A Chinese woman was shocked to be informed doctors had removed 468 stones from her gallbladder in a single operation.
Doctors said the 58-year-old woman’s gallbladder had almost doubled its size after being filled with hundreds of stones, with some measuring 0.4 inches in width.
The patient said she loves eating oily, deep-fried food, and doctors claimed her eating habits could be the cause of her condition.
About 468 gallstones (pictured) have been removed from a woman at a hospital in China
The 58-year-old woman apparently loves eating oily food, in particular, deep-fried food
The woman, known by her surname Chen, visited the Jingdu Hospital in Wuhan, Hubei Province, reported Chutian Metropolitan Daily Online.
Shen Zhangyi, the head surgeon of the department of gastroenterology, found Ms Chen’s gallbladder had been filled with stones after an ultrasound scan.
‘It had swelled to almost doubled its size. A normal sized gallbladder is about a size of a fist,’ Mr Shen explained.
Ms Chen told the reporter that she was first told she had gallstones 17 years ago, but she left the condition untreated.
Instead, she said she started to do regular exercises, such as hiking and swimming.
However, she loves eating deep-fried food.
‘I wouldn’t miss any deep-fried dishes on the table,’ she said.
The stones (left), some as wide as 0.4 inches, had expanded Ms Chen’s gallbladder to twice its size. Her surgeon told her that her diet could be related to the cause of the gallstones (right)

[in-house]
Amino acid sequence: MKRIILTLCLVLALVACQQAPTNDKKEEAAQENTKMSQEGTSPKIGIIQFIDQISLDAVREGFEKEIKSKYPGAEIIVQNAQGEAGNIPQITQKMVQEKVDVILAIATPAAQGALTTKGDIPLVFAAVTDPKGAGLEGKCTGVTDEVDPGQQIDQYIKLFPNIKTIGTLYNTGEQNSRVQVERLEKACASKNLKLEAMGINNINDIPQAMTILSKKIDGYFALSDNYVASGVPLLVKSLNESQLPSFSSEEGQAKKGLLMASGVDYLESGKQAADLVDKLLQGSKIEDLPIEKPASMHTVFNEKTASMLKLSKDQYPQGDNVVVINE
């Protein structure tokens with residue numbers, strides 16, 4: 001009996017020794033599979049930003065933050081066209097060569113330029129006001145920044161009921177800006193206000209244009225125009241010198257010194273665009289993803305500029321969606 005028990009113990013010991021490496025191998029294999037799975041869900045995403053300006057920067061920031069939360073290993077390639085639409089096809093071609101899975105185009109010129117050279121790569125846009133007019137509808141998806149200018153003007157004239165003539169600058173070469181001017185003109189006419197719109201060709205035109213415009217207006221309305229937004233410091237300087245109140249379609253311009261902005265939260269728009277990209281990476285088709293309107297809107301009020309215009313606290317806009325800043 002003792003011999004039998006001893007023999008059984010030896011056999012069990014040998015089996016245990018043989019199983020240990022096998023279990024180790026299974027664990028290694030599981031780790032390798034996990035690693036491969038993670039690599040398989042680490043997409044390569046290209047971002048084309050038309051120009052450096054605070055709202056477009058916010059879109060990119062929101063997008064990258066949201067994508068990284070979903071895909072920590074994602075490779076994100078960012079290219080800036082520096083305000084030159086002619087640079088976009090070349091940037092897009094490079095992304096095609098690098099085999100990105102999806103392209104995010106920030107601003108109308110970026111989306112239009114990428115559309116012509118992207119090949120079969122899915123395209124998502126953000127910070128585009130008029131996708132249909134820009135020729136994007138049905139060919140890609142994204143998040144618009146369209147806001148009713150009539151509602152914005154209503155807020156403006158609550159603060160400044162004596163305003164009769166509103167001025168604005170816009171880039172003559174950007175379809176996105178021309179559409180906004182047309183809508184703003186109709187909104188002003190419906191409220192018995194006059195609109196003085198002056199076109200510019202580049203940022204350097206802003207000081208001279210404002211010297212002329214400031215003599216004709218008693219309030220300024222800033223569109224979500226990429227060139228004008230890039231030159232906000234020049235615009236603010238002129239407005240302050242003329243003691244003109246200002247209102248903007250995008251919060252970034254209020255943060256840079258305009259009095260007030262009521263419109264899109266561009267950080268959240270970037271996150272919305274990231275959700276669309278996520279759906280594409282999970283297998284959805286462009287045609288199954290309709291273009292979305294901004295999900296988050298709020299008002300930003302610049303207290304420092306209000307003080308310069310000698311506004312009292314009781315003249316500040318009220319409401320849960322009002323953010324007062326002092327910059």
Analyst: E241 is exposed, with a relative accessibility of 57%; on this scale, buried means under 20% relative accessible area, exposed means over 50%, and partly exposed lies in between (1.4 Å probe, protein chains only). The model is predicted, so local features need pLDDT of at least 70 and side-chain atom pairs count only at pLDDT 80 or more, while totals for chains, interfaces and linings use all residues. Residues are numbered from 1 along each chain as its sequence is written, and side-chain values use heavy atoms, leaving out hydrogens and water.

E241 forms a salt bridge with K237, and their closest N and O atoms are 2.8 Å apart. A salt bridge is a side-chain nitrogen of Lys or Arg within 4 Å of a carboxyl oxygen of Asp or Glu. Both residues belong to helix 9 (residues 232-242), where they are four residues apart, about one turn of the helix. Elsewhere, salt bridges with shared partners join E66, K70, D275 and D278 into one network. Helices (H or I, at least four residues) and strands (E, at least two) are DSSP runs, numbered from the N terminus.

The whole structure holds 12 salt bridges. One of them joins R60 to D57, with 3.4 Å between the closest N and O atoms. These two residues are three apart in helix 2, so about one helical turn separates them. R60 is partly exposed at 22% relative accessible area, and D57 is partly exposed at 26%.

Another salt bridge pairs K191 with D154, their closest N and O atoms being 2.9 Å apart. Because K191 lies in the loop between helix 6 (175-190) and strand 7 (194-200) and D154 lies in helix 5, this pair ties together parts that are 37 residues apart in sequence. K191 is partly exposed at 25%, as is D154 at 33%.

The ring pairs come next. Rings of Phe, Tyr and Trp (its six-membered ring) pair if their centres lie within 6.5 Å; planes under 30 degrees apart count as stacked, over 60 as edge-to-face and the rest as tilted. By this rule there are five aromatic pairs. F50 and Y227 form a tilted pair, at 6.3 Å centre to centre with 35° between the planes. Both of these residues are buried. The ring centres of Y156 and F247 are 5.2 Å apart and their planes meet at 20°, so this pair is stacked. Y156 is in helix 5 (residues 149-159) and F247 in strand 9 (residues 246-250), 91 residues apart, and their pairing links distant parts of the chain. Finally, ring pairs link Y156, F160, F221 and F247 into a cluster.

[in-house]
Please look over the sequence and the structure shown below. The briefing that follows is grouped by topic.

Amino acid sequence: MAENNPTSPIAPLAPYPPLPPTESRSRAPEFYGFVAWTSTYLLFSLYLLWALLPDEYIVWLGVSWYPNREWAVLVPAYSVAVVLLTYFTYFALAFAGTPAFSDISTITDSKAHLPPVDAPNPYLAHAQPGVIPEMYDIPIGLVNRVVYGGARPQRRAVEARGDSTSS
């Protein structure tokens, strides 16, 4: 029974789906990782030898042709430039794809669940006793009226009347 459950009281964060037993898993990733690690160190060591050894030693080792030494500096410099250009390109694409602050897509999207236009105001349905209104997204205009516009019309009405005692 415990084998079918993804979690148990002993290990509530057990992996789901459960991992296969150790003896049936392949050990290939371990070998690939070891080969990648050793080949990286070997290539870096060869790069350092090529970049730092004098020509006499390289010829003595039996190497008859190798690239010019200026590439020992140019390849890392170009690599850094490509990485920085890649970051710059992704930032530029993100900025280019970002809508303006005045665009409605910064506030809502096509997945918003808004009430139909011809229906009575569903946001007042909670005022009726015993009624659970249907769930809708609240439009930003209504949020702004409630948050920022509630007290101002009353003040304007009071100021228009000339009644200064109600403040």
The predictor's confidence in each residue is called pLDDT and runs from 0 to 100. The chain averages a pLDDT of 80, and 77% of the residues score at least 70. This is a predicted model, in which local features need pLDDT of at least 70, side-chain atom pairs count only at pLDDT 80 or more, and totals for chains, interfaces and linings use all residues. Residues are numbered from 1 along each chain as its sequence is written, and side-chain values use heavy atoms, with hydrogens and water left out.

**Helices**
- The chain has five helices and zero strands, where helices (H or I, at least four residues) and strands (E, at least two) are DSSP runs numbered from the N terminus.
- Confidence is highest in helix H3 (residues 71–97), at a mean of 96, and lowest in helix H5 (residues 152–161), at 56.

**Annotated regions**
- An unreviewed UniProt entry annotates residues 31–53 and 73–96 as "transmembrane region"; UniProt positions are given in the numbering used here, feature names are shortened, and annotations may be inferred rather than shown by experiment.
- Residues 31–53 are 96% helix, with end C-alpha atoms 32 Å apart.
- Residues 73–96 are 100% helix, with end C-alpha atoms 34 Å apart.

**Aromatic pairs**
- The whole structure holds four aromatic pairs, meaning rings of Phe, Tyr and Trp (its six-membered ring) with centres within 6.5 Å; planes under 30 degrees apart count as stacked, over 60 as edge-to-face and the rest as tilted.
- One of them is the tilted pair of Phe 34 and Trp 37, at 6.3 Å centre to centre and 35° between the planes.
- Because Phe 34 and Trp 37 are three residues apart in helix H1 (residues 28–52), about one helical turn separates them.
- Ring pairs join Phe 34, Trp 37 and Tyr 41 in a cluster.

WHAT ARE GALLSTONES?
Gallstones are usually made of cholesterol and form in the gallbladder.
They typically do not cause symptoms but can lead to intense abdominal pain if they block a bile duct.
Around one in 10 adults in the UK have gallstones but may not be aware of it.
If people suffer inflammation of the gallbladder as a complication, they may experience pain, fever or jaundice.
Gallstones are caused by an imbalance of bile in the gallbladder.
Risk is higher if you are female, overweight and older than 40.
Treatment involves removing the gallbladder.
Source: NHS Choices
Gallstone could be associated with unbalanced diet, surgeon Shen Zhangyi said.
The small stones, usually made of cholesterol, started to form when the level of cholesterol in the bile becomes too high.
Mr Shen said if patients leave their gallstones untreated, they could suffer from malfunction of the bile and jaundice, when ones skin and the white part of the eye turn yellowish or greenish.
Ms Chen is now recovering in hospital.
A spokesman for the British Society of Gastroenterology previously commented that the link between specific diets and gallstones had very limited evidence as the causes are known to be varied.
But prevalence in China and other parts of Asia is much higher in comparison to the UK because of higher rates of infection in the bile duct.